The emphasis on the everyday things of his life is ideological in a productive way: it helps to define landscape as quotidian and a matter of philosophical materialism. In the portion of the exhibition devoted to his early development in the Jura Mountains of Switzerland, for example, the walls were covered with the perspective drawings, small sketches, and midsize watercolors by Le Corbusier and the large paintings of his teacher Charles L’Eplattenier, but notably few other architectural drawings. Without plans or axonometrics of the Villa Jeanneret-Perret or Villa Schwob, Le Corbusier reads in this entry space of the exhibition as sensuous and affective rather than cerebral and rational, a designer of landscape and feeling rather than hard transaction.
The film clips, contemporary panoramic photographs of existing projects, and an ancillary but fresh organizational theme of “airplane views” undergird the soft and fuzzy interface between technology and the mortal coil. Shot by Le Corbusier in the 1930s and recently discovered, silent films evinced the centrality of play in his design, showing young people moving energetically through his white cubic architecture. Smiling, lithe, and clad in bathing suits, they exercised in small groups, racing up and down ramps. Commissioned especially for the show, Richard Pare’s panoramic photographs of Le Corbusier’s work in the present offered an unexpected counterpoint to the many and sometimes leaden artifacts of the show. Pare’s long, tight photos of seven projects—made from digital files based on negatives—functioned as a twenty-first-century respite in the world of contemporary technology. Hung high above the din of the objects below, they looked from afar like sharp photorealist paintings or high-definition screens. Pare’s photographs invigorated Le Corbusier’s work in ways perhaps unforeseen, with shots of color pixels making for a touristic sense of real-time viewing. Further rethinking the view from afar, the curators’ emphasis on the airplane as a writing tool serves to reposition the totalizing Gestalt of the modernist plan-masse. Rather than cool, rational, and popping forth in full form from the head of a genius, this was modernism as tactile and in-process: a matter of the human-machine in motion and the prosthetic. In a catalogue essay, Bergdoll expands this sentiment through Le Corbusier’s love of the airplane: “Airplanes were an integral part of the way he conceived of his buildings as instruments for crafting both optical and bodily relationships to landscapes; the notion of the landscape encompassed everything from the physical occupation of an interior to the projected occupation of an exterior framed by any number of devices.”2 The landscape as a theme in Le Corbusier’s work was truly fathomless: a matter of mountains, cars, concrete, and otherworldly imaginings. At the same time, each landscape generated a dialect of precision and homogeneity. In the small watercolor Landscape of Lake Geneva (1918), the Swiss mountains are evanescent though very real and site-specific. By contrast, his proposal for the Palace of the League of Nations in Geneva (1927) shows a complete complex of buildings, a totalizing plan-masse that could have been anywhere. In an axonometric view from the west, there is not a single mountain in view. Following a similar pattern of variations on a theme, São Paulo, Rio de Janiero, and Algiers became would-be locales for sinuous architectures born from seemingly bland automotive infrastructure. While our collective caricature of the automobile is that it wreaks homogenous havoc in its wake, for Le Corbusier it was a way to sculpt the landscape and create unique and mesmerizing architecture and experiences for drivers, so many earthbound cyborgs.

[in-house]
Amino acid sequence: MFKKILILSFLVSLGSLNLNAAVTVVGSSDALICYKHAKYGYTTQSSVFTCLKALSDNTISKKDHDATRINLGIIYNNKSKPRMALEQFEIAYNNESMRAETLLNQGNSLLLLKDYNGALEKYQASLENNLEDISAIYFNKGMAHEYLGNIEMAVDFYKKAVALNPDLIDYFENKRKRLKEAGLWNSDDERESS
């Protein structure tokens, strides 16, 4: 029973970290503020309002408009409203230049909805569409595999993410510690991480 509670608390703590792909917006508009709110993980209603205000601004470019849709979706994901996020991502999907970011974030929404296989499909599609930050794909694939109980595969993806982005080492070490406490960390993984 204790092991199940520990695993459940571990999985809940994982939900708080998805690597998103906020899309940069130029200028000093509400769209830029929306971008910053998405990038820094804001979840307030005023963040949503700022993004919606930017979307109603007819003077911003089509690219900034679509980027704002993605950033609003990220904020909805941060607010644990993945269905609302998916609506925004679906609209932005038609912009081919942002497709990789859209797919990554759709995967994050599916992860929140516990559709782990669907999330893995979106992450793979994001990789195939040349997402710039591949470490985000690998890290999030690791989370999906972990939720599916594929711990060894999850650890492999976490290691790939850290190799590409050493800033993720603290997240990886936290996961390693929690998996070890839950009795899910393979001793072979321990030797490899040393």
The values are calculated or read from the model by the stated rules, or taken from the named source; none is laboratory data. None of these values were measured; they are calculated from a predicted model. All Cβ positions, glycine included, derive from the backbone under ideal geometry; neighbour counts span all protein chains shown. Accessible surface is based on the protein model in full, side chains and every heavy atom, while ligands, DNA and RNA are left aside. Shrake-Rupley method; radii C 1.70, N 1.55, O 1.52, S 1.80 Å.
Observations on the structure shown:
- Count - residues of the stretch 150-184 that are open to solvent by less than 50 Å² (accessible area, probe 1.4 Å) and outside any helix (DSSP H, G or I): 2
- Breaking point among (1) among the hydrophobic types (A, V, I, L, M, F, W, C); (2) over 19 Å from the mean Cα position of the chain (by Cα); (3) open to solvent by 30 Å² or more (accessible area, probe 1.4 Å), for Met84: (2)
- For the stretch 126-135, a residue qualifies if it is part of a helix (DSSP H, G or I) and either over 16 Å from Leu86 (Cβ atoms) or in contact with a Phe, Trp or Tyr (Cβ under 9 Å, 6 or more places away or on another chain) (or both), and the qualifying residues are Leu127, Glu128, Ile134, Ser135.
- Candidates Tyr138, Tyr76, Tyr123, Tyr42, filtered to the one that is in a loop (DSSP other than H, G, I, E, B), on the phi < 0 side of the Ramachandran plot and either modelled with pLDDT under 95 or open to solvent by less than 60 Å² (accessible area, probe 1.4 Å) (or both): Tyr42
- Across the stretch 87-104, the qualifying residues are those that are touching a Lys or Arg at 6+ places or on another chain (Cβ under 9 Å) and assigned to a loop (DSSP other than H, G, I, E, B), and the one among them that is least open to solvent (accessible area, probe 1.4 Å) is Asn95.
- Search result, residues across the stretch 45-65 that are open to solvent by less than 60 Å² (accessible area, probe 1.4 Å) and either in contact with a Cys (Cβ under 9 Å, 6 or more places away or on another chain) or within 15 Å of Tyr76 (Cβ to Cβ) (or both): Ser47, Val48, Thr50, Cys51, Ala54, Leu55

Parsing Le Corbusier’s lifework into periods, the exhibition knit tightly together the beginning and the end, leaving his middle career as not so much an afterthought but simply part of the systemic passage-through. From this perspective, the placeless, diagrammatic Do-mi-no House (1914) culminates not in the Maison Citrohan (1920–22) or the Quartiers Modernes Frugès at Pessac (1924–26), but in the sublimity of the Philips Pavilion (1958) at the Exposition Universelle in Brussels, with the schematic simplicity of the former coming to full fruition in the fierce yawp of angular and sonic form that was Le Corbusier and Iannis Xenakis’s poème électronique.
Charissa N. Terranova is the author of Automotive Prosthetic: Technological Mediation and the Car in Conceptual Art (University of Texas Press, 2014). She teaches the history of contemporary art, modern architecture, and media and new media theory at the University of Texas at Dallas. She is currently writing a prehistory of the digital image in art, Art as Organism: Biology and the Evolution of the Digital Image in Art, 1920–1970 (forthcoming from I. B. Tauris, London). It traces the role of cognition, Gestalt psychology, and theoretical biology in the unfolding of an aesthetic and philosophy of the light-image.
This review originally appeared in the Summer 2014 issue of Art Journal.